The mission of the Dominican Sisters of Peace is to live lives of peacemaking “where ever we are and in everything we do.” It took foresight and grace to accomplish this Herculean task. But the Sisters always said that, “Almost anything prayed for- placed between two Hail Mary’s- is always a sure thing.

**Senior Catholic sisters, brothers, and religious order priests ministered for years for little to no pay. Their sacrifices now leave their religious communities without adequate retirement savings. Your gift to the Retirement Fund for Religious helps to provide nursing care, medications, and more to tens of thousands of elderly religious.

Fr. Andrew, T.O.R.

Pastor’s Ponderings – December 16, 2018 – Retired Religious2019-01-18T20:54:56-05:00

Pastor’s Ponderings – December 9, 2018 – Refugees

Shortly after being elected in 2013, Pope Francis received news about an overcrowded boat of refugees that capsized off the North African coast.

Though hundreds were on board, only eight initially survived the shipwreck by clinging to a fishing net in the middle of the Mediterranean. But when fishermen saw them pleading for their lives, they cut their net and sent them to die in the ocean depths.

Pope Francis was so moved by this story that he chose to make his first pastoral visit to the small Italian island of Lampedusa, which has become a symbol of the refugee crisis and all those drowning in the sea of human indifference. When he arrived, he celebrated Mass near the harbor and used a chalice hewn from driftwood of downed refugee vessels.

From the dead wood of the sea, Pope Francis had the courage to proclaim the God of love by lifting up the sacrament of life. Today’s first reading speaks about a shoot sprouting from the stump of Jesse, of a new bud blossoming from the dead wood.

The stump is another way of speaking about the house of David, which had been cut down by the Babylonians, who forced the people of Israel to live as migrants and exiles in a foreign land. Both Pope Francis and Isaiah give testimony to the radical nature of biblical faith; to dare to believe in God’s power to regenerate life, even and especially in places where the world sees only death.

Fr. Andrew, T.O.R.

Pastor’s Ponderings – December 9, 2018 – Refugees2019-01-19T09:30:38-05:00

Pastor’s Ponderings – December 2, 2018 – Prayer

Ever heard someone say, “Well the least I can do for you is pray for you?” They may say this as they feel helpless.

I want to tell you that the most you can do is pray for someone or something. When you pray for someone you are getting into God’s ear. Make God hear you.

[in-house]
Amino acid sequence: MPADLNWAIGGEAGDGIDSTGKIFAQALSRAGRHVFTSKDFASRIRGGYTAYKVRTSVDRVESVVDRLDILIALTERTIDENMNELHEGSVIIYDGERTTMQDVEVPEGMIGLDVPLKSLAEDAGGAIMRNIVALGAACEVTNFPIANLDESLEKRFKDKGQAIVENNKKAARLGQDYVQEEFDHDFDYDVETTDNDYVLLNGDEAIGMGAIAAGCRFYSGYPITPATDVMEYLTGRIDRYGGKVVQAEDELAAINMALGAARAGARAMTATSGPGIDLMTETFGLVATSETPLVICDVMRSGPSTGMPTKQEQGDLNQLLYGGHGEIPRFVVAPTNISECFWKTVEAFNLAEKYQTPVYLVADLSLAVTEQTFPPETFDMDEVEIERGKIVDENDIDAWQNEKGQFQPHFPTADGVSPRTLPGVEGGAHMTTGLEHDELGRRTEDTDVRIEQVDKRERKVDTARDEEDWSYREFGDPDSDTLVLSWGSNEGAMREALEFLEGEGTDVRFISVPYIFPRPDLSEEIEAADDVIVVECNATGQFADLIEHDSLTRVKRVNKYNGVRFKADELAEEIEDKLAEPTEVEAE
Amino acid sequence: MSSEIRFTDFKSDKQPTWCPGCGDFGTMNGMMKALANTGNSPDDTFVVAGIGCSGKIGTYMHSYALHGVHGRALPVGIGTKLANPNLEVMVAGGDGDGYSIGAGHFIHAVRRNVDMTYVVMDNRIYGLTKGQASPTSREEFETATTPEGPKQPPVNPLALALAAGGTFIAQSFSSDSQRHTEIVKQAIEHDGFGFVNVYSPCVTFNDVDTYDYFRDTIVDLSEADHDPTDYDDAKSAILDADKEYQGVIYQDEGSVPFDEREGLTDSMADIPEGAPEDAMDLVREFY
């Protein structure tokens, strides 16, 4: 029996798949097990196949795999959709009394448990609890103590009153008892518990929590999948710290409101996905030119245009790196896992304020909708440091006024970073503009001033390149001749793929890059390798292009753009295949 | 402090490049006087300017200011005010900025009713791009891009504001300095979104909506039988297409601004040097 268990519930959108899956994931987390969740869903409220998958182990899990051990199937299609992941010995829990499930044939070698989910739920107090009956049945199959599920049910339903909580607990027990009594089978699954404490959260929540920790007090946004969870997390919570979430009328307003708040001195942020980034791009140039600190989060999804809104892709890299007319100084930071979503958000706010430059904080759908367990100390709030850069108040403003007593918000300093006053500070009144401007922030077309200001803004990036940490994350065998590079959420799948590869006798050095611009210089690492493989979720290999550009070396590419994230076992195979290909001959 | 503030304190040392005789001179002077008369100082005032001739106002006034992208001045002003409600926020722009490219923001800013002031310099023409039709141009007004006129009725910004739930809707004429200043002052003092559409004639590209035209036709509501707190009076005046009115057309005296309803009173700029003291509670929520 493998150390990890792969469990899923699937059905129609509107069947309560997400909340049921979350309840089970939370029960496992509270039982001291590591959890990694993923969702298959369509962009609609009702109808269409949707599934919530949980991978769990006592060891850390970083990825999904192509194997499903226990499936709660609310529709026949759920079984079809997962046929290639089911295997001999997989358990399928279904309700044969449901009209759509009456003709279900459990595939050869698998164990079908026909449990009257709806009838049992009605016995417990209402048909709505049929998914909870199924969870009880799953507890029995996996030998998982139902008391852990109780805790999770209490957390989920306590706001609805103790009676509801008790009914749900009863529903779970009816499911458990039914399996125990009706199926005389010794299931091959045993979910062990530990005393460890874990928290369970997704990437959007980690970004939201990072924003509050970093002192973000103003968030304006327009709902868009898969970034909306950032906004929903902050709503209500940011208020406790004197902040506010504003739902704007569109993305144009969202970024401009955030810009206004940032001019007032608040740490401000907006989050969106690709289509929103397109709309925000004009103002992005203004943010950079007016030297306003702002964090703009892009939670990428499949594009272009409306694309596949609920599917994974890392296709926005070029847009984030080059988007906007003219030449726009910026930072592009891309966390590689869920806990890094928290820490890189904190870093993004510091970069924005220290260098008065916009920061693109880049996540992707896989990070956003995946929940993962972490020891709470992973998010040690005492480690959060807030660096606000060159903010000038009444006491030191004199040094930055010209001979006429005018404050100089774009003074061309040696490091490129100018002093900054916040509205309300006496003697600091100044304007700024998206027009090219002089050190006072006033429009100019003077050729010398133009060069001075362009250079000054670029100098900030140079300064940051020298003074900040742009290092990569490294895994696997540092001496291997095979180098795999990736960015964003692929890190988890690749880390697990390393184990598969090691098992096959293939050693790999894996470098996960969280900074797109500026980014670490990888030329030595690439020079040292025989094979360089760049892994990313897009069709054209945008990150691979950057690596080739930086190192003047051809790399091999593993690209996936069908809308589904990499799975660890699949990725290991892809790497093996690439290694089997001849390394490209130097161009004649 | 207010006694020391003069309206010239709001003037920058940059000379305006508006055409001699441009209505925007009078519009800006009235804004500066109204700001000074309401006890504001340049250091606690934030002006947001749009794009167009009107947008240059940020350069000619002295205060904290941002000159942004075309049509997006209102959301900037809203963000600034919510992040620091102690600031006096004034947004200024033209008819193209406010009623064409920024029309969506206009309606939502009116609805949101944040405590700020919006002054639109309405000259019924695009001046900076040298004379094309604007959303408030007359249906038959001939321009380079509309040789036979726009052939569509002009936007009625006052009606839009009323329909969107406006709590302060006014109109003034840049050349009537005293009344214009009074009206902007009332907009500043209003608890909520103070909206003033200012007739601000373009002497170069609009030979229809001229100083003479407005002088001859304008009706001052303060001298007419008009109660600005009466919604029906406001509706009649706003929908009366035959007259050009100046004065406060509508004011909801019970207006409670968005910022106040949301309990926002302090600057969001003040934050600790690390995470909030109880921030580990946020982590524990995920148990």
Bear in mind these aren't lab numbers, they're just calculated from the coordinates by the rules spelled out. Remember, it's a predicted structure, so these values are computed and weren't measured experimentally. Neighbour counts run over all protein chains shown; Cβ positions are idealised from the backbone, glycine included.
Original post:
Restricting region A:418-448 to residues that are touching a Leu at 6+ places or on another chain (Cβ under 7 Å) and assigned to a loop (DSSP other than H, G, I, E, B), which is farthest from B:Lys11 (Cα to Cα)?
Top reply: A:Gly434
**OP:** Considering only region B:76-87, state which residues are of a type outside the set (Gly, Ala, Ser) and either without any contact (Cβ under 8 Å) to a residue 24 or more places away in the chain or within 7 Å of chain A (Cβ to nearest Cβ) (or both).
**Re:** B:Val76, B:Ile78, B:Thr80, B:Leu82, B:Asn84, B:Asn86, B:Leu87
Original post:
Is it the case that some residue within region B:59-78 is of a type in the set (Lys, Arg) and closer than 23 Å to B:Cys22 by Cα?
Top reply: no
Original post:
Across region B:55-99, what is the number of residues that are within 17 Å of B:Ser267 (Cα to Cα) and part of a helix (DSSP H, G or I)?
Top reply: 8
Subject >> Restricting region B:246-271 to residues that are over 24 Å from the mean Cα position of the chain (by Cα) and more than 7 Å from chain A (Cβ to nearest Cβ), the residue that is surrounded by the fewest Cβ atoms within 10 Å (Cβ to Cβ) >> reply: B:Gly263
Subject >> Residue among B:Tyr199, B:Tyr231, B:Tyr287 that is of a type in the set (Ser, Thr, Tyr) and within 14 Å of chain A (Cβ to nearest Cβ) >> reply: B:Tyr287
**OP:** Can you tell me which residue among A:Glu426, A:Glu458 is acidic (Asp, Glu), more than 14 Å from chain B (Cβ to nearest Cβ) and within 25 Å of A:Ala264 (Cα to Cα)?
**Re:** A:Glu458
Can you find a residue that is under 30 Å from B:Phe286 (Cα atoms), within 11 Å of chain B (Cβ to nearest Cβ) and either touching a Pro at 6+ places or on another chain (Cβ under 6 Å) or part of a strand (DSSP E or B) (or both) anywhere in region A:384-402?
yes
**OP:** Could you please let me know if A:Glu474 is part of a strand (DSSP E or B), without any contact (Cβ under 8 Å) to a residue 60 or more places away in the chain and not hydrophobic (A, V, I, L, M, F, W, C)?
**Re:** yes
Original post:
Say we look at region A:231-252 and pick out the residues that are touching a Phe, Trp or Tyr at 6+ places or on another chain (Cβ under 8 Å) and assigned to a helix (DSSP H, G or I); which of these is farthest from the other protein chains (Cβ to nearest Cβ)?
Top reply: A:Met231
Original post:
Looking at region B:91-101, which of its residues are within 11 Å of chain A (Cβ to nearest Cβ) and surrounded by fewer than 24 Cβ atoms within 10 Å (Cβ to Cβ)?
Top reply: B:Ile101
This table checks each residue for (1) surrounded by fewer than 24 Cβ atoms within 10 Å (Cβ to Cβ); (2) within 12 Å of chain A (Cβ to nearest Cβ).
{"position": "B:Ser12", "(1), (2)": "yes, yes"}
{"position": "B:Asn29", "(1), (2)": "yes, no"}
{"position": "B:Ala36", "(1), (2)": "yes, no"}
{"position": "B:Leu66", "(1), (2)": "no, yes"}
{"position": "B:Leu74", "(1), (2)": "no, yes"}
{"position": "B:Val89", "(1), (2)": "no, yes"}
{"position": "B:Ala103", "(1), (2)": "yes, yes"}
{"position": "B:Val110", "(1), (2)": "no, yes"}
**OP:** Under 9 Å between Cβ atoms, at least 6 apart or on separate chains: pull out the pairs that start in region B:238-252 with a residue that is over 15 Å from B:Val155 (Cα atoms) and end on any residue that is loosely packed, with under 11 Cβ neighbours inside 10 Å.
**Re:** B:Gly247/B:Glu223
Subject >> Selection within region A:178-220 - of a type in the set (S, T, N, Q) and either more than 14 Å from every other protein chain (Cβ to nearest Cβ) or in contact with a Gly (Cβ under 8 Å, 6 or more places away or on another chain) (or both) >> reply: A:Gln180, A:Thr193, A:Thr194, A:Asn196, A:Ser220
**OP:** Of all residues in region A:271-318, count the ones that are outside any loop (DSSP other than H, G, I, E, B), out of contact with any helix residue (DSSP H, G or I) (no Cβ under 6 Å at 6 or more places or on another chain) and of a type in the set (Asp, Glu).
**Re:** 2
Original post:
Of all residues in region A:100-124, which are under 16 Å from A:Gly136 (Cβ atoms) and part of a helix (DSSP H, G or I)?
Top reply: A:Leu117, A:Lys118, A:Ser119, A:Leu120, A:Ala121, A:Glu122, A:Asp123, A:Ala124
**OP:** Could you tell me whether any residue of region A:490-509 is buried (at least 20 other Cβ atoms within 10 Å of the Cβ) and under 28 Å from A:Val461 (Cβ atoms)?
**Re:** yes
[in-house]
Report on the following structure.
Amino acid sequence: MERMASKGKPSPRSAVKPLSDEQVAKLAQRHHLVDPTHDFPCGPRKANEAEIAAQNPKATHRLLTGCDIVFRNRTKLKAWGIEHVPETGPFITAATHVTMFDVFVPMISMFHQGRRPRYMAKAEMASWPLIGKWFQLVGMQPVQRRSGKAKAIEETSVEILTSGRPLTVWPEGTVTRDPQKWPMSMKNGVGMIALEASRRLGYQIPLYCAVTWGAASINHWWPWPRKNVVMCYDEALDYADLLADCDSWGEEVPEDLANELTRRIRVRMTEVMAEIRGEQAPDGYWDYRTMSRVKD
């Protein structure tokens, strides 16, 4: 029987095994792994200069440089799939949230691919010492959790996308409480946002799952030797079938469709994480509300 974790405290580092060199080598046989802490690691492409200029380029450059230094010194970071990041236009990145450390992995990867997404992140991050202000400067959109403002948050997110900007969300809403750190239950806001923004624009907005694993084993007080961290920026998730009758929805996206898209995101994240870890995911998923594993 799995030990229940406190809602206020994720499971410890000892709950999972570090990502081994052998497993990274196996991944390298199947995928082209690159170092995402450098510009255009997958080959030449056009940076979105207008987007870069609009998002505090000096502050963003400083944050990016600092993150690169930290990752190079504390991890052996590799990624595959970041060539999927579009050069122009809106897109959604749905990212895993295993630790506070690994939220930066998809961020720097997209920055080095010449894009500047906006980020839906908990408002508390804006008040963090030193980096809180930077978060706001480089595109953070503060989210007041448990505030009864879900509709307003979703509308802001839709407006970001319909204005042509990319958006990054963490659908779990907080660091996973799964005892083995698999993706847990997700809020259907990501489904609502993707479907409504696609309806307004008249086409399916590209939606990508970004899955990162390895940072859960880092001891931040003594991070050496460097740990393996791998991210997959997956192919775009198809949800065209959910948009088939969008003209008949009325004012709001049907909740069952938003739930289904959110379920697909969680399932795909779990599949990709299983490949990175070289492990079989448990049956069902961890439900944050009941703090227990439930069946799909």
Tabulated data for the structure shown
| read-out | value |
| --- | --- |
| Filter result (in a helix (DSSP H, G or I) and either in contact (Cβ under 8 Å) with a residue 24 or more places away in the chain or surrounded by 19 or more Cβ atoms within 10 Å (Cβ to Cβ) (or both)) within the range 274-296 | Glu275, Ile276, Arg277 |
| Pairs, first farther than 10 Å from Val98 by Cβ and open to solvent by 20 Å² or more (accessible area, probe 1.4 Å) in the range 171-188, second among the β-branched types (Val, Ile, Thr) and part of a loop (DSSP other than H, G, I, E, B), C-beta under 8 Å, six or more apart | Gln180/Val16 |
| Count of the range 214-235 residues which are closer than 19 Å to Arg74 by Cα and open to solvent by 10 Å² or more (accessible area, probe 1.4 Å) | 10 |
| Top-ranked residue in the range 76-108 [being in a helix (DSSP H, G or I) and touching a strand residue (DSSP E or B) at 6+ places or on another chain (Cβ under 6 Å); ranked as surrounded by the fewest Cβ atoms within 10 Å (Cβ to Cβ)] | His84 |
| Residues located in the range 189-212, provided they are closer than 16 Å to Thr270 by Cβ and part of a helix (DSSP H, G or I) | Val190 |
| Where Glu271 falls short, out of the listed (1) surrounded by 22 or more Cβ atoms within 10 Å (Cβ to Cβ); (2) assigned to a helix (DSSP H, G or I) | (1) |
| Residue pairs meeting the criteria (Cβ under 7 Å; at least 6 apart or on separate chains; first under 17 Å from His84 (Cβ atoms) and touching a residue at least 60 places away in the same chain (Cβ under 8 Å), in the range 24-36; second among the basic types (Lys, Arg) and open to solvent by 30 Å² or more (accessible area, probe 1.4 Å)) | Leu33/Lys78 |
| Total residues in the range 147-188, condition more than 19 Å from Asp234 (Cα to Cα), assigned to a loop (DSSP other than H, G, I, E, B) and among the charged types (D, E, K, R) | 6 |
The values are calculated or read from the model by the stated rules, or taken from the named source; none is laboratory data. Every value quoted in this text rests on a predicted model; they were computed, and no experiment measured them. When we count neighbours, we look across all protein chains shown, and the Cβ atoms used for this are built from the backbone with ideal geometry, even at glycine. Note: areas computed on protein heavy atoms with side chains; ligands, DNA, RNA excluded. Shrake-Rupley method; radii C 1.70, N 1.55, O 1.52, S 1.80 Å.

When God hears you, there is a change occurring in us by His grace. If you are faithful, you will see a change. If you are not faithful, why expect anything says St. James in his letter. Be faithful and faith – filled when you pray.

Our brothers and sisters–our country–our world is in such dire need of your prayers. I came across this prayer in some mailings and it struck me as a heartfelt one with its earnestness:

Loving Father united to Jesus in the Holy Sacrifice of the Mass, The Sacrifice of Calvary sacramentally made present, celebrated around the world, in the Holy Spirit: 

We offer up all we do united to the Mass. We unite in one mind and one heart as members of the mystical body of Christ, with Christ our head in the pure and holy heart of Jesus and through the powerful intercession of Mary with all the angels and saints and souls in Purgatory, and we beg for the saving grace for our country, the United States of America.

Please help us. We further pray for unity always and in all ways- to do the will of God in love.

We cover with the Precious Blood of Jesus our leaders and people of the USA and thrust into Hell the Devil and all his followers.

We consecrate our country to the Sacred Heart of Jesus and the Immaculate Heart of Mary- and all our dioceses and beg for an outpouring of the Holy Spirit. God help us!

We pray for our families, the priests, deacons and the Church throughout the world. In the Name of Jesus please hear us, we pray.

We do pray for our president and all world leaders. We pray that we are united as one nation under God to work together in love as God wants. Amen.

Pray daily!!!

Fr. Andrew, T.O.R.

Pastor’s Ponderings – December 2, 2018 – Prayer2019-01-18T23:33:45-05:00